The U.S. Energy Department's weekly inventory release showed that crude stockpiles increased, as imports climbed and refinery demand weakened. The report further revealed that refined product inventories – gasoline and distillate – dropped from their week-ago levels.
The Energy Information Administration (EIA) Petroleum Status Report, containing data of the previous week ending Friday, outlines information regarding the weekly change in petroleum inventories held and produced by the U.S., both locally and abroad.
The report provides an overview of the level of reserves and their movements, thereby helping investors understand the demand/supply dynamics of petroleum products. It is an indicator of current oil prices and volatility that affect businesses of companies engaged in the oil and refining industry, such as ExxonMobil Corp. (XOM - Analyst Report) , Chevron Corp. (CVX - Analyst Report) , ConocoPhillips (COP - Analyst Report) , Valero Energy Corp. (VLO - Analyst Report) and Tesoro Corp. (TSO - Analyst Report) .
Analysis of the Data
Crude Oil: The federal government’s EIA report revealed that crude inventories rose by 1.67 million barrels for the week ending October 5, 2012, following a slide of 482,000 barrels in the previous week.
The analysts surveyed by Platts – the energy information arm of McGraw-Hill Companies Inc. , had expected oil stocks to go up some 1.5 million barrels. An uptick in the level of imports and drop in refinery utilization rates led to the stockpile build-up with the world's biggest oil consumer.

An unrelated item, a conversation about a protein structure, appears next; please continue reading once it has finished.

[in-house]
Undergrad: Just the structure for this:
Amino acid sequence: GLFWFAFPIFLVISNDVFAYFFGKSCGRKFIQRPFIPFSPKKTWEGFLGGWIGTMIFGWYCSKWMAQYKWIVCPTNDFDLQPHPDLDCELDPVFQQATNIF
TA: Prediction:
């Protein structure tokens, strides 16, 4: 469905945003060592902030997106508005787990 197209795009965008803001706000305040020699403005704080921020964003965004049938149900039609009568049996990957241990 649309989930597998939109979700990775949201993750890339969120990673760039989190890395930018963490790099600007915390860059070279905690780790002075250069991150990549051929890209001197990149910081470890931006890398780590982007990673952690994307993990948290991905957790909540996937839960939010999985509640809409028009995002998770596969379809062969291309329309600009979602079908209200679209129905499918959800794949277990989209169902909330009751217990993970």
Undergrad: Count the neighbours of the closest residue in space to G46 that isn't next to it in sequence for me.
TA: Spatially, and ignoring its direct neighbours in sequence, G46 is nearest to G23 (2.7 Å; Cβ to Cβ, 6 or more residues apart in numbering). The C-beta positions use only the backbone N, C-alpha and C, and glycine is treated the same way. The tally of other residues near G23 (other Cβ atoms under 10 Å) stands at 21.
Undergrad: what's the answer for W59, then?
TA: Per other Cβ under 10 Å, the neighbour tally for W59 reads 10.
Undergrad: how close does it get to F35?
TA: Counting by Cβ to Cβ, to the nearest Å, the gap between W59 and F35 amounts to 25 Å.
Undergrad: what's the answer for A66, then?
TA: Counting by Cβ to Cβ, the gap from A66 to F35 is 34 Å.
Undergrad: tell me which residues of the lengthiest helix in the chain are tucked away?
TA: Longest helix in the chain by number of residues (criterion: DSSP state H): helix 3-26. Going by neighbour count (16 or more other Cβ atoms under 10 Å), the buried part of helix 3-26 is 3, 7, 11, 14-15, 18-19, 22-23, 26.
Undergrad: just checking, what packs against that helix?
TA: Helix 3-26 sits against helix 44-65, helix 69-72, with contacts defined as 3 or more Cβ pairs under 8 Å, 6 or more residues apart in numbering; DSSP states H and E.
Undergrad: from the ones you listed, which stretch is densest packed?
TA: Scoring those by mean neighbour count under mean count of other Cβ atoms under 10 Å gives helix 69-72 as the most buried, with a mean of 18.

In particular, crude inventories at the Cushing terminal in Oklahoma – the key delivery hub for U.S. crude futures traded on the New York Mercantile Exchange – edged up by 300,000 barrels from the previous week’s level to 44.17 million barrels. Stocks are currently just under the all-time high of 47.78 million barrels reached in June.
At 366.37 million barrels, current crude supplies are 8.5% above the year-earlier level, and exceeds the upper limit of the average for this time of the year. The crude supply cover was unchanged from the previous week at 24.8 days. In the year-ago period, the supply cover was 22.5 days.
Gasoline: Supplies of gasoline decreased for the tenth time in 11 weeks despite domestic consumption declining marginally. The fall in gasoline inventories could be attributed to plummeting imports and production.
The 534,000 barrels drop – compared to analyst projections for an unchanged supply level – took gasoline stockpiles down to 195.41 million barrels. As a result of this drawdown, the existing inventory level of the most widely used petroleum product is now 6.8% off the year-earlier levels and is near the lower limit of the average range.
Distillate: Distillate fuel supplies (including diesel and heating oil) dropped by 3.18 million barrels last week, much higher than analyst expectations for a 400,000 barrels decrease in inventory level. The fall in distillate fuel stocks – the fourth in as many weeks – could be attributed to lower production, partially offset by higher imports and weaker demand.
At 120.88 million barrels, distillate supplies are 21.5% below the year-ago level and are under the lower limit of the average range for this time of the year.
Refinery Rates: Refinery utilization was down 1.5% from the prior week to 86.7%.